Industry in Punjab is gearing up to meet the weekly power cut across the state that became effective from Sunday. With the cost of captive power ranging between two to three times (depending upon the scale of operation) that of normal rates, running on full capacity has become unviable for most of the industrial houses.
The steel cluster at Mandi Gobindgarh with close to one thousand small and medium scale units registered a complete shut down on the weekly power cut (for two days) as the huge power requirement of steel furnaces cannot be met through generator sets.
The Managing Director of Bhawani Industries Limited at Mandi Gobindgarh, J P Goyal told Business Standard that the industry in Punjab was provided with the option of open access under the open access scheme of the central government some two years ago. Hence, there was no power shortage for industry for two years.
Three months back, the Punjab government imposed a Rs 1.6 per unit charges on the power arranged under the open access scheme. This has discouraged the industry to purchase power from sources other than state utilities. As the state utilities has a deficit of power in pre-monsoon season, Goyal said the industries have to cut down their production by 25 to 30 per cent.
It also results in fluctuations in steel prices as the increase in cost is passed on to the consumers.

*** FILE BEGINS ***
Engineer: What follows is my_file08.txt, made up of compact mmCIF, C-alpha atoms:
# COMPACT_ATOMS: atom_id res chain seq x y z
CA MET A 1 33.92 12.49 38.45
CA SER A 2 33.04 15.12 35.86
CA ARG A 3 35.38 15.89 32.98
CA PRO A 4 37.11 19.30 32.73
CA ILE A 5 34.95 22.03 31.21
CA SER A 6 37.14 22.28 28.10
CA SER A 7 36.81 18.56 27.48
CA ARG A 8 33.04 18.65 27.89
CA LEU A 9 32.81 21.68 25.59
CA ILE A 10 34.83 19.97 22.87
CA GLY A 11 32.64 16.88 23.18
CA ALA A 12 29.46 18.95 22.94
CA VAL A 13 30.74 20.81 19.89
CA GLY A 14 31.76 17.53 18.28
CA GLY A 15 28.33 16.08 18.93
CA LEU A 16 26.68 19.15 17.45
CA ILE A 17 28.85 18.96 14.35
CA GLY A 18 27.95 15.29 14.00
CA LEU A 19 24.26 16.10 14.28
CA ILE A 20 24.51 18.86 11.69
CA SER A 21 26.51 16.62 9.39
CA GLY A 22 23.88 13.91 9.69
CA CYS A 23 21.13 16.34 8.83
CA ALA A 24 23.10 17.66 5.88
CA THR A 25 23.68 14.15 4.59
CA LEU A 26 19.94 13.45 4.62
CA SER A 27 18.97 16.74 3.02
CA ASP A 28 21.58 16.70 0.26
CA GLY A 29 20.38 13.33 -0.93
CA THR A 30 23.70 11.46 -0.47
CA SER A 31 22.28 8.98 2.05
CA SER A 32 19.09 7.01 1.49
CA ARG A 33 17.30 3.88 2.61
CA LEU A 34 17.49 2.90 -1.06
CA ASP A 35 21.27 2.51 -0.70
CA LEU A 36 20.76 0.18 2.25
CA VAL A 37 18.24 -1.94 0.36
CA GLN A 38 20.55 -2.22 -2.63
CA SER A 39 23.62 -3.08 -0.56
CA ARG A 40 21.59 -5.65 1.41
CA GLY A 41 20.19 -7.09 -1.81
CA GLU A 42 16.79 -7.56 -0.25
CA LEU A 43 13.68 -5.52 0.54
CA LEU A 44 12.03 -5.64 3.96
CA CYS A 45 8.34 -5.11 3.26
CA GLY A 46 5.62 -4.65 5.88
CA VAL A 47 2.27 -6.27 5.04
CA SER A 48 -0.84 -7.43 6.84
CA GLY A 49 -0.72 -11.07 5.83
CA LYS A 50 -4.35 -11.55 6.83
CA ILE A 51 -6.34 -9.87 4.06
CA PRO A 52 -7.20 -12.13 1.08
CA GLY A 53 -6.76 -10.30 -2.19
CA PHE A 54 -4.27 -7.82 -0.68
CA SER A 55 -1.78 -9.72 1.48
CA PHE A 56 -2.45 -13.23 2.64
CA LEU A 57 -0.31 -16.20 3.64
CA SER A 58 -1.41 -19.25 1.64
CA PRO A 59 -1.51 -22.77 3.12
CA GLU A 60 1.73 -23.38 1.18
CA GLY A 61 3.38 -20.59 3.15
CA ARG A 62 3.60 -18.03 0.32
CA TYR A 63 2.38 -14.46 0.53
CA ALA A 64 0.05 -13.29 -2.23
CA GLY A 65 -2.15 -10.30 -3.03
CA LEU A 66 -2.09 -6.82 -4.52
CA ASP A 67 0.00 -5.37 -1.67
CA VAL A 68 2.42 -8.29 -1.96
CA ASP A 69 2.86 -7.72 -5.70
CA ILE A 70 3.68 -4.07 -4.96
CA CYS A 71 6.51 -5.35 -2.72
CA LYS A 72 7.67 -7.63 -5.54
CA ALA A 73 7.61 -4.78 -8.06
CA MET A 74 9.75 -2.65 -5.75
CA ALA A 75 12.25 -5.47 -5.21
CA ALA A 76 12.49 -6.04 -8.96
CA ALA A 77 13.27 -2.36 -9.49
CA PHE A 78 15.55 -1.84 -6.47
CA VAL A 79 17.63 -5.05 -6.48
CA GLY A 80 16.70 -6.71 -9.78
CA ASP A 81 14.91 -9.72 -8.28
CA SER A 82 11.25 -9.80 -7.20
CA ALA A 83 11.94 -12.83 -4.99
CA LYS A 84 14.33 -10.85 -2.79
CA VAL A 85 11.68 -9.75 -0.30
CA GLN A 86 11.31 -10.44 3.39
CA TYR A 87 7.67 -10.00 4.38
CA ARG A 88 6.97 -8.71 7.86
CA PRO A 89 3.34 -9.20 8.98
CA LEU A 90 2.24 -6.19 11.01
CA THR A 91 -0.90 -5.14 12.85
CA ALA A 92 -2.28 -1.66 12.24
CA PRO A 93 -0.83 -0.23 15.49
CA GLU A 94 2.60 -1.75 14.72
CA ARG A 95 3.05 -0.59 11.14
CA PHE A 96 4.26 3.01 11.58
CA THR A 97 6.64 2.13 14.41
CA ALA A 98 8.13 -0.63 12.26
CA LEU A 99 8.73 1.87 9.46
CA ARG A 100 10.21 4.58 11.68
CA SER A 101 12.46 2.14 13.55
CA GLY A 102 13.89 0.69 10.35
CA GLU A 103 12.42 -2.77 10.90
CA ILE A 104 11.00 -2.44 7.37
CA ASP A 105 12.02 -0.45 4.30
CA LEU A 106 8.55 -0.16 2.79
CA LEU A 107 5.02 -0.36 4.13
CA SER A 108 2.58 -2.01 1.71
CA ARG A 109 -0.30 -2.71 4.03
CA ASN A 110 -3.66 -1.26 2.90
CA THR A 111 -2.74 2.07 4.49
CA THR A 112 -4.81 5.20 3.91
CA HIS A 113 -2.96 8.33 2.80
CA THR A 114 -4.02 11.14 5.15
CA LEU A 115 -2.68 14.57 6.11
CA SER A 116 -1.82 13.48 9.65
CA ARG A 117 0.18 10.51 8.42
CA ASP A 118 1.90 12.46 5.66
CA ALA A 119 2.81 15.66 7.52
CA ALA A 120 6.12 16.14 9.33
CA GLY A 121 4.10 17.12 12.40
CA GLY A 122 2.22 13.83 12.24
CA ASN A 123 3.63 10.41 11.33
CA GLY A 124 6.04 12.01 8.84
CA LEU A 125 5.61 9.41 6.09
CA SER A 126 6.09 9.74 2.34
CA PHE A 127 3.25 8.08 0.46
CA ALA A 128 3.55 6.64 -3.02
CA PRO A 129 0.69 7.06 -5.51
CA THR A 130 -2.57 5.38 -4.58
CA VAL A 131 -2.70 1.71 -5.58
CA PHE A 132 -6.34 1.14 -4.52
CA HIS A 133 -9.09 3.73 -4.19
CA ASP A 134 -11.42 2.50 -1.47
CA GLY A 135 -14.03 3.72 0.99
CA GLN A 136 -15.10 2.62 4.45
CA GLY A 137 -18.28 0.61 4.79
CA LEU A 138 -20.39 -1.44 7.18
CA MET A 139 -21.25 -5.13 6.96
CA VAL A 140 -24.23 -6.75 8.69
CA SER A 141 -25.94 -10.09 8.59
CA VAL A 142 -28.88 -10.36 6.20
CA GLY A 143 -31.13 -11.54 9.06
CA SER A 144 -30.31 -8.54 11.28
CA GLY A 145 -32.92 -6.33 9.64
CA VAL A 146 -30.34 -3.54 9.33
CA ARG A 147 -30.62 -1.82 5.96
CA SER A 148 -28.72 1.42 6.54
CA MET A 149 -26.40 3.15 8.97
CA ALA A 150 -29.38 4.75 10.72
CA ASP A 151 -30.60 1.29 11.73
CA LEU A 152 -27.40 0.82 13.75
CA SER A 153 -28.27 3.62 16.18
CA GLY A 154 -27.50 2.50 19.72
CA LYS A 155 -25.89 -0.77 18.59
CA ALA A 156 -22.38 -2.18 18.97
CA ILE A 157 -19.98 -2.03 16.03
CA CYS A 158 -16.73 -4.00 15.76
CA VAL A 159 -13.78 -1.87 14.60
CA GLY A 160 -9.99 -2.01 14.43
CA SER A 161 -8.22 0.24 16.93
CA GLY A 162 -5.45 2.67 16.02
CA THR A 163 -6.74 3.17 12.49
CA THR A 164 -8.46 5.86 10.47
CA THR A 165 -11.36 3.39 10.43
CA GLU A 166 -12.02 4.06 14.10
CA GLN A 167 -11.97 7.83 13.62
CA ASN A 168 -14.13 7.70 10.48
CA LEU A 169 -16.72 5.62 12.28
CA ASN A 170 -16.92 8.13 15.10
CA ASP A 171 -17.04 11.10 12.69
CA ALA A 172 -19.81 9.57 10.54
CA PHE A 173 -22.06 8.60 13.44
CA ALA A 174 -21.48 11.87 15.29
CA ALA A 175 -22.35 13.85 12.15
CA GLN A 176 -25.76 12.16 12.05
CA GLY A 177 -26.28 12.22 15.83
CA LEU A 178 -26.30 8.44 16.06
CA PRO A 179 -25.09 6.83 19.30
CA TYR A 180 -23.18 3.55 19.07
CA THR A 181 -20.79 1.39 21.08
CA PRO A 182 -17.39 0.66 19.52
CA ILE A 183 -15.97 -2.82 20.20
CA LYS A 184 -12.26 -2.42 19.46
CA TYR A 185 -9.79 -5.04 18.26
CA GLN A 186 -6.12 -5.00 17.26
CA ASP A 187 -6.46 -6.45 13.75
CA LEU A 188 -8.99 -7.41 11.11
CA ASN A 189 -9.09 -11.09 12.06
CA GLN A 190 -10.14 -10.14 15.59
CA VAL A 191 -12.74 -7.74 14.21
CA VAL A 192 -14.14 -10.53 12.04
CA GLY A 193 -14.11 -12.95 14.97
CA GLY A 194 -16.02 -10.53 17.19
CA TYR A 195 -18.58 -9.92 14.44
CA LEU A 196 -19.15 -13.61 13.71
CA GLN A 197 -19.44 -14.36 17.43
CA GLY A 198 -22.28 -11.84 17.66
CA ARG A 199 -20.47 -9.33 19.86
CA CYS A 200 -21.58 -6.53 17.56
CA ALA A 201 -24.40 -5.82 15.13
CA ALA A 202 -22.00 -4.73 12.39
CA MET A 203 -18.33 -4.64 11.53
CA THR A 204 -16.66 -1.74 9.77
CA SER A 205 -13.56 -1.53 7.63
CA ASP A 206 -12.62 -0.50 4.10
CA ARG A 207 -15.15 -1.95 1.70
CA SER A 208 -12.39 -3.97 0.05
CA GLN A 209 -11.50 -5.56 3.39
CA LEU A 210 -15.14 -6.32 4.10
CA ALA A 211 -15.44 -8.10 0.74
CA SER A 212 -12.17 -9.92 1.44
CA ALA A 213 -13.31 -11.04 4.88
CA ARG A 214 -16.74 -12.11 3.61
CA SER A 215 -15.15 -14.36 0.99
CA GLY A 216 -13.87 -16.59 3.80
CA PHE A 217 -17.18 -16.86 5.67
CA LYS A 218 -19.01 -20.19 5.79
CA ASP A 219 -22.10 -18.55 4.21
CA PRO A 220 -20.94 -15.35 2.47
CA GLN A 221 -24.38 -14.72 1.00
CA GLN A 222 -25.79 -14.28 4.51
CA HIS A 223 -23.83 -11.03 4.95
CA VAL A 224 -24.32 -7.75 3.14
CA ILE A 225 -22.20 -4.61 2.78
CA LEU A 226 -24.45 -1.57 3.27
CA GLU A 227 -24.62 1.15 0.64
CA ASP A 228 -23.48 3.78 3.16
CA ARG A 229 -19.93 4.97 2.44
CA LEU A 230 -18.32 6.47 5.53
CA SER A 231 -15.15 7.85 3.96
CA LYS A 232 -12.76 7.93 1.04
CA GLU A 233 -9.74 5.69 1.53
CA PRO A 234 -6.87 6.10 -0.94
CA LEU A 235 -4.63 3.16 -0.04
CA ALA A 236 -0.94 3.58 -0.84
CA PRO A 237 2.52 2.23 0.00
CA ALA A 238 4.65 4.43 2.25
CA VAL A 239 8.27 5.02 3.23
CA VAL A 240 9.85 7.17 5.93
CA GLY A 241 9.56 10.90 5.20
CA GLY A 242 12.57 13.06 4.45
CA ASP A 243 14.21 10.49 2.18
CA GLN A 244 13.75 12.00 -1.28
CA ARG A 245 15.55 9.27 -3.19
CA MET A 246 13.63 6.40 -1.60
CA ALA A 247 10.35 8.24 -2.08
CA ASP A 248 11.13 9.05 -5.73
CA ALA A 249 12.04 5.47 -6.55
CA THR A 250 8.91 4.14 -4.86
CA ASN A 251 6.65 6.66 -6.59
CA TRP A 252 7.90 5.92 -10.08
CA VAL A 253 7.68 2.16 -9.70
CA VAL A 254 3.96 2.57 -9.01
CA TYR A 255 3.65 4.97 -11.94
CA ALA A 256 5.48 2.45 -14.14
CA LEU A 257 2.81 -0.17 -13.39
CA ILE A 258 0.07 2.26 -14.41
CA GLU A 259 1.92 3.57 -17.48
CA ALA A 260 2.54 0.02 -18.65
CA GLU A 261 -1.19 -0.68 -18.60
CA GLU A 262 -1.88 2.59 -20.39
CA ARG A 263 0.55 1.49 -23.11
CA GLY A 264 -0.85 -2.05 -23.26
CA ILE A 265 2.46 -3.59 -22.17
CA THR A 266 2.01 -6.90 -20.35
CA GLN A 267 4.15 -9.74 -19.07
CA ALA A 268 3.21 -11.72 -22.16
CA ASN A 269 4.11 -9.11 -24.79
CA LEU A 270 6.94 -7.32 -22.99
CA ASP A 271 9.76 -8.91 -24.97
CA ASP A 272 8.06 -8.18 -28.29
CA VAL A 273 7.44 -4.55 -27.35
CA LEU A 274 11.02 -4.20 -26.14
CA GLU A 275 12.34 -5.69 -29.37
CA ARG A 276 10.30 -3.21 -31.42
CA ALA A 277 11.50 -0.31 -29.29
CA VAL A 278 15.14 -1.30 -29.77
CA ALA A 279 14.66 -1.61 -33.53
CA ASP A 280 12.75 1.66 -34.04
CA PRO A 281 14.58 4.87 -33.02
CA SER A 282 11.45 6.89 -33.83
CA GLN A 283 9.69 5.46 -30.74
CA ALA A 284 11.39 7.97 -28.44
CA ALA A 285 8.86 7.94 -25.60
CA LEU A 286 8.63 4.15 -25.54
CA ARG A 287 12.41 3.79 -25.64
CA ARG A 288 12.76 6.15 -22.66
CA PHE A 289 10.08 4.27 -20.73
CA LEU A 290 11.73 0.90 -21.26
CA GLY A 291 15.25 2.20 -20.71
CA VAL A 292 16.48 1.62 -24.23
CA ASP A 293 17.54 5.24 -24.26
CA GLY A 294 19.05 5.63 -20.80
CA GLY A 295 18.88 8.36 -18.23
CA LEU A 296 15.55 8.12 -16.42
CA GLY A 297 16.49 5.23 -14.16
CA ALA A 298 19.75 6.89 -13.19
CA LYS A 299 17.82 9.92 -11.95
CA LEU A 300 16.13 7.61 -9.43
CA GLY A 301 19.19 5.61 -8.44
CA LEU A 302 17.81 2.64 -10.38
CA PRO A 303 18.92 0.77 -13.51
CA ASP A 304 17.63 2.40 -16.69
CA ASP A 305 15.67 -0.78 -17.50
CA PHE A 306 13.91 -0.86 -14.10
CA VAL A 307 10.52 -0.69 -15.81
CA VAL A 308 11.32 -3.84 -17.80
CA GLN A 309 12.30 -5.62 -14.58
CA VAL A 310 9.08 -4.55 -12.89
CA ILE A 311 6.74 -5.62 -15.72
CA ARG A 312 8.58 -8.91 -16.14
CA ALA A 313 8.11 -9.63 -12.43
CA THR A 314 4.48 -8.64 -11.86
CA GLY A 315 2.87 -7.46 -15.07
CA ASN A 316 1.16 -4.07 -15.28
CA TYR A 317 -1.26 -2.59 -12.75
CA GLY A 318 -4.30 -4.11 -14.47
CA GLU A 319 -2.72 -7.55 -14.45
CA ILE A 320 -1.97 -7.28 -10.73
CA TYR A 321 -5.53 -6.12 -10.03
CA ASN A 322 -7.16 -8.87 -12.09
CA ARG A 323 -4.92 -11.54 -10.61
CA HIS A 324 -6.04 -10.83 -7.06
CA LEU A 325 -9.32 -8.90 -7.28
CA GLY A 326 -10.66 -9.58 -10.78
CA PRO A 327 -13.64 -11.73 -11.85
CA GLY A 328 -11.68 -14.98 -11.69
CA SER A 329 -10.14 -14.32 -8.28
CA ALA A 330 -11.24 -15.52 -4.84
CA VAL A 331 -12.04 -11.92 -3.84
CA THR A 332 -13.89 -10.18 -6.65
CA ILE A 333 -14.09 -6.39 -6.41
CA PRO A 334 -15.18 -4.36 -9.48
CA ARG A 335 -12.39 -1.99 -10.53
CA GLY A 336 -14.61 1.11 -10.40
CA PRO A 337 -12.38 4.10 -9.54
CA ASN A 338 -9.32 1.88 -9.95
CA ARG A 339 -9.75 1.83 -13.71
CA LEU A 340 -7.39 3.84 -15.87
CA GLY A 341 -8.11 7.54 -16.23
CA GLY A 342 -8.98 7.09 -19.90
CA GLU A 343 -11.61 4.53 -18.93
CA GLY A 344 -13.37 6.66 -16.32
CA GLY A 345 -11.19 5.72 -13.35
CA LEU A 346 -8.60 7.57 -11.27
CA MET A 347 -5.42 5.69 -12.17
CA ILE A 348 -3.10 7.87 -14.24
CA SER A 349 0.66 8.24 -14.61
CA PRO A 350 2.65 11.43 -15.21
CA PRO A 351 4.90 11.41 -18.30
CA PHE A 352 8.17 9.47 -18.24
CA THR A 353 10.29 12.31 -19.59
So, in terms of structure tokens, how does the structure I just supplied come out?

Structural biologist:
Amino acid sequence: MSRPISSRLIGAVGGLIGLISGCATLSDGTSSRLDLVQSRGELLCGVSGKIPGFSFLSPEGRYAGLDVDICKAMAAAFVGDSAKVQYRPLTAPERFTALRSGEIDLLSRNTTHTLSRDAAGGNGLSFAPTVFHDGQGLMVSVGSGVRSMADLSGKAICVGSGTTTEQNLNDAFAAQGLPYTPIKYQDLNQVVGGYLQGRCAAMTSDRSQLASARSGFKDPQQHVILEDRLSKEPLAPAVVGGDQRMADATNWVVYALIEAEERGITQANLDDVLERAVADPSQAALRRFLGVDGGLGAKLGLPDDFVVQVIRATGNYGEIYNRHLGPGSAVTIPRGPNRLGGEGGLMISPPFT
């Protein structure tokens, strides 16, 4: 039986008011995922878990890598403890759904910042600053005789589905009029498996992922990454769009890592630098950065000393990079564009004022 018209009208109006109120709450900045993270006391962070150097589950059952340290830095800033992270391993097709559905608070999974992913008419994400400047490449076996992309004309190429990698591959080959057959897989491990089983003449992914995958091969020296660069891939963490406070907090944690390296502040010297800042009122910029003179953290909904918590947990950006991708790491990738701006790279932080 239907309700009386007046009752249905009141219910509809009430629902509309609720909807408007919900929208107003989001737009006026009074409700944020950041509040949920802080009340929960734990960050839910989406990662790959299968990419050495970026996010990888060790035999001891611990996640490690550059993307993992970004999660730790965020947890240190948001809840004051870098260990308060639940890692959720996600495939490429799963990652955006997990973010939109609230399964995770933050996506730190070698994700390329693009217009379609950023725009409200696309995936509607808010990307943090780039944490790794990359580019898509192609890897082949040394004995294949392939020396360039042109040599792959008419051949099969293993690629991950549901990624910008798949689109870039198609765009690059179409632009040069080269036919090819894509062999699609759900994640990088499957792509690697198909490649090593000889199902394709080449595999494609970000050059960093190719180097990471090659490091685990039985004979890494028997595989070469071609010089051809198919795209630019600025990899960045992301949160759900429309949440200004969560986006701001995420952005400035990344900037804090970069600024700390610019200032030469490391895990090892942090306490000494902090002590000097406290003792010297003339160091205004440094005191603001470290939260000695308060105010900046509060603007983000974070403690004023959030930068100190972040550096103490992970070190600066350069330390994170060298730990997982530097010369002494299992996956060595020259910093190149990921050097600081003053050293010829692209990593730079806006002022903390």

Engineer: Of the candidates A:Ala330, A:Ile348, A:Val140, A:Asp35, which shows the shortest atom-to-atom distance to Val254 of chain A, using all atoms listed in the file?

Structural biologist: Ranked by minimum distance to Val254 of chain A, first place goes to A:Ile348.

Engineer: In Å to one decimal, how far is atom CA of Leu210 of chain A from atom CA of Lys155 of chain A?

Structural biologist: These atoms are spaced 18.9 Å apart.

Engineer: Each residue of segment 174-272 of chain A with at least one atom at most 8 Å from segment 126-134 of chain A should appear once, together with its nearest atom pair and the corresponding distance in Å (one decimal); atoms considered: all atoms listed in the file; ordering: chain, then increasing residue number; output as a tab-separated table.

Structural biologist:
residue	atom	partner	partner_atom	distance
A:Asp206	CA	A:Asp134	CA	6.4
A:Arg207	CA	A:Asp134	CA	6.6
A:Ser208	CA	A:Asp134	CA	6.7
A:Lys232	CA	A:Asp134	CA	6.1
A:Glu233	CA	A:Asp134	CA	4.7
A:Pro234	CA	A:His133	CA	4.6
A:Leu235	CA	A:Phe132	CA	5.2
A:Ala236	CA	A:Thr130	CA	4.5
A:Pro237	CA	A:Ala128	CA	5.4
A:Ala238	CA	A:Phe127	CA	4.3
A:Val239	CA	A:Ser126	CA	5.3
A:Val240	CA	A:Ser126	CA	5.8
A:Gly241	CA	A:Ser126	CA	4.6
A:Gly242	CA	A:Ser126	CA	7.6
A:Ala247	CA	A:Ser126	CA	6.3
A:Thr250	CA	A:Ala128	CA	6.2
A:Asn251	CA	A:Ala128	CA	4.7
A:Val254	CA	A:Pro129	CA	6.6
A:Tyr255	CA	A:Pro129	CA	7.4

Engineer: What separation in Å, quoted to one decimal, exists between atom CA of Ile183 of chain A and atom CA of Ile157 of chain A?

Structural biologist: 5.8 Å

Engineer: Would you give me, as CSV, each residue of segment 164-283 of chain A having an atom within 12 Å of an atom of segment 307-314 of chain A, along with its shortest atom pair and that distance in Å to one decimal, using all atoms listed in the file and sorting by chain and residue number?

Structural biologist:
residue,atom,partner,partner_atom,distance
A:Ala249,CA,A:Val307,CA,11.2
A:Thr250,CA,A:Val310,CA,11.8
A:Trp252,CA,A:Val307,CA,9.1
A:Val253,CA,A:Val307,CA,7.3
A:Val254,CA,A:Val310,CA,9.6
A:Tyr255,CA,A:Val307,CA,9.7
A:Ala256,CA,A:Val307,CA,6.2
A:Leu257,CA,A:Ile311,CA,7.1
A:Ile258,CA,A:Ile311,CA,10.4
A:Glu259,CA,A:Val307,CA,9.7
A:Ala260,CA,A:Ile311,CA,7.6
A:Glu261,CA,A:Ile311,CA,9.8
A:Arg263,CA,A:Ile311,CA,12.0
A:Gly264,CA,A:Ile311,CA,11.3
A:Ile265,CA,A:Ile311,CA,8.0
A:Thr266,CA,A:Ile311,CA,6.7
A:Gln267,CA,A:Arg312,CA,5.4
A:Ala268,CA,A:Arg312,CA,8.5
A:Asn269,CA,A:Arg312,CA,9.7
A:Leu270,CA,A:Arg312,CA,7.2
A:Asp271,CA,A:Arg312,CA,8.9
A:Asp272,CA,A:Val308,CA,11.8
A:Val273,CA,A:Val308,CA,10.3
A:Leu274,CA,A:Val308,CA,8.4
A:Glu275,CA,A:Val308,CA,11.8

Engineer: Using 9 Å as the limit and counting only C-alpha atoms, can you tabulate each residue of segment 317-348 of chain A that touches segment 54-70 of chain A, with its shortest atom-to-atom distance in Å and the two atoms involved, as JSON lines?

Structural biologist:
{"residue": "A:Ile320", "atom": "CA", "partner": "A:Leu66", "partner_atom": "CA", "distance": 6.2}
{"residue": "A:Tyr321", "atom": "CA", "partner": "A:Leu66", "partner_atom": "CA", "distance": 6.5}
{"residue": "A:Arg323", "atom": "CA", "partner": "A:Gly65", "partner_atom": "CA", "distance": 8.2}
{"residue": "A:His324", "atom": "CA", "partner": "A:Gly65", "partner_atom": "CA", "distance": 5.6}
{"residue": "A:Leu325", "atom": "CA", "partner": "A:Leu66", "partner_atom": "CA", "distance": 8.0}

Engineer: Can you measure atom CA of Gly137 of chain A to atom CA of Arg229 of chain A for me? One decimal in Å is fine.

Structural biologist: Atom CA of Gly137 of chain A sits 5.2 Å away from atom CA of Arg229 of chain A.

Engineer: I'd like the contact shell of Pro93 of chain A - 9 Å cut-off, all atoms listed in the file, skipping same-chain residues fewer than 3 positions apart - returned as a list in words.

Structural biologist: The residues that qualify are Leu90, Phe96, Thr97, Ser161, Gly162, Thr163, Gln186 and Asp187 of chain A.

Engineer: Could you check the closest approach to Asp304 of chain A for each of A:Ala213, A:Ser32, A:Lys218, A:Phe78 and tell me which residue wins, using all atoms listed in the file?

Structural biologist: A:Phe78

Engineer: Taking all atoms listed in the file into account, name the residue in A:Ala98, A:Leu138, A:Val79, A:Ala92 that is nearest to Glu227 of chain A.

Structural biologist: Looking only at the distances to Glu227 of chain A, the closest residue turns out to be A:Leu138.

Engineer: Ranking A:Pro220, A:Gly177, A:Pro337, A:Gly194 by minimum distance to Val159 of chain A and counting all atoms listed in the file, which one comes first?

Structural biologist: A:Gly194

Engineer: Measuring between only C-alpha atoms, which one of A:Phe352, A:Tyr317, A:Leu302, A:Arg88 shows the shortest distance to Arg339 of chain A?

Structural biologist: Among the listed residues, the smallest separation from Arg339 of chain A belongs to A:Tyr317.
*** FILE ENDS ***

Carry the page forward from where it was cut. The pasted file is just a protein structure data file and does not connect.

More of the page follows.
The labourers suffer the most in such a situation as over 50 per cent of the shop floor manpower in steel industry are on daily wages.
The textile industry in Punjab, on the other hand is running on full capacities on captive power. J L Sharma, the managing director of Vardhman Yarns & Threads told that the captive power costs more than double of the power provided by the state utilities but running below capacity incurs the fixed costs and again becomes unviable.
Speaking to this newspaper, President, Northern Chamber of Small and Medium Industries, Sharad Aggarwal said, “Already,the hand tool industry is suffering a 40 per cent drop in orders due to Euro zone crisis. Further, Egypt, Syria and Libya used to be major markets for hand tool industry, but the recent unrest has affected the export orders. The shortage of power cut is affecting orders. We can’t sustain on generators as its operating cost is about Rs 12-13 per unit.” Generally, the hand tool industry in Jalandhar contributes Rs 2 crore as turnover every day and the exporters fear they might lose foreign revenue.
“The shortage of power in the state has come as a double whammy for the industry. Already, the slowdown has affected us to the extent of 50 per cent and due to power shortage we can’t even deliver our orders in time. We are afraid if such a situation persists in near future, we might lose whatever orders is in our hands,” said Munish Chopra, Director, Jalandhar-based Chopra Synthetic Rubber Udyog.
With about 1,000 units, Punjab has the highest per capita consumption of power in the country as compared to the national average of 750 units. Against the state’s total power generation capacity of 6,200 Megawatt (Mw), the present demand in the state is of 9,000 Mw. Moreover, power shortage in the state is growing at the rate of 10 per cent per annum.
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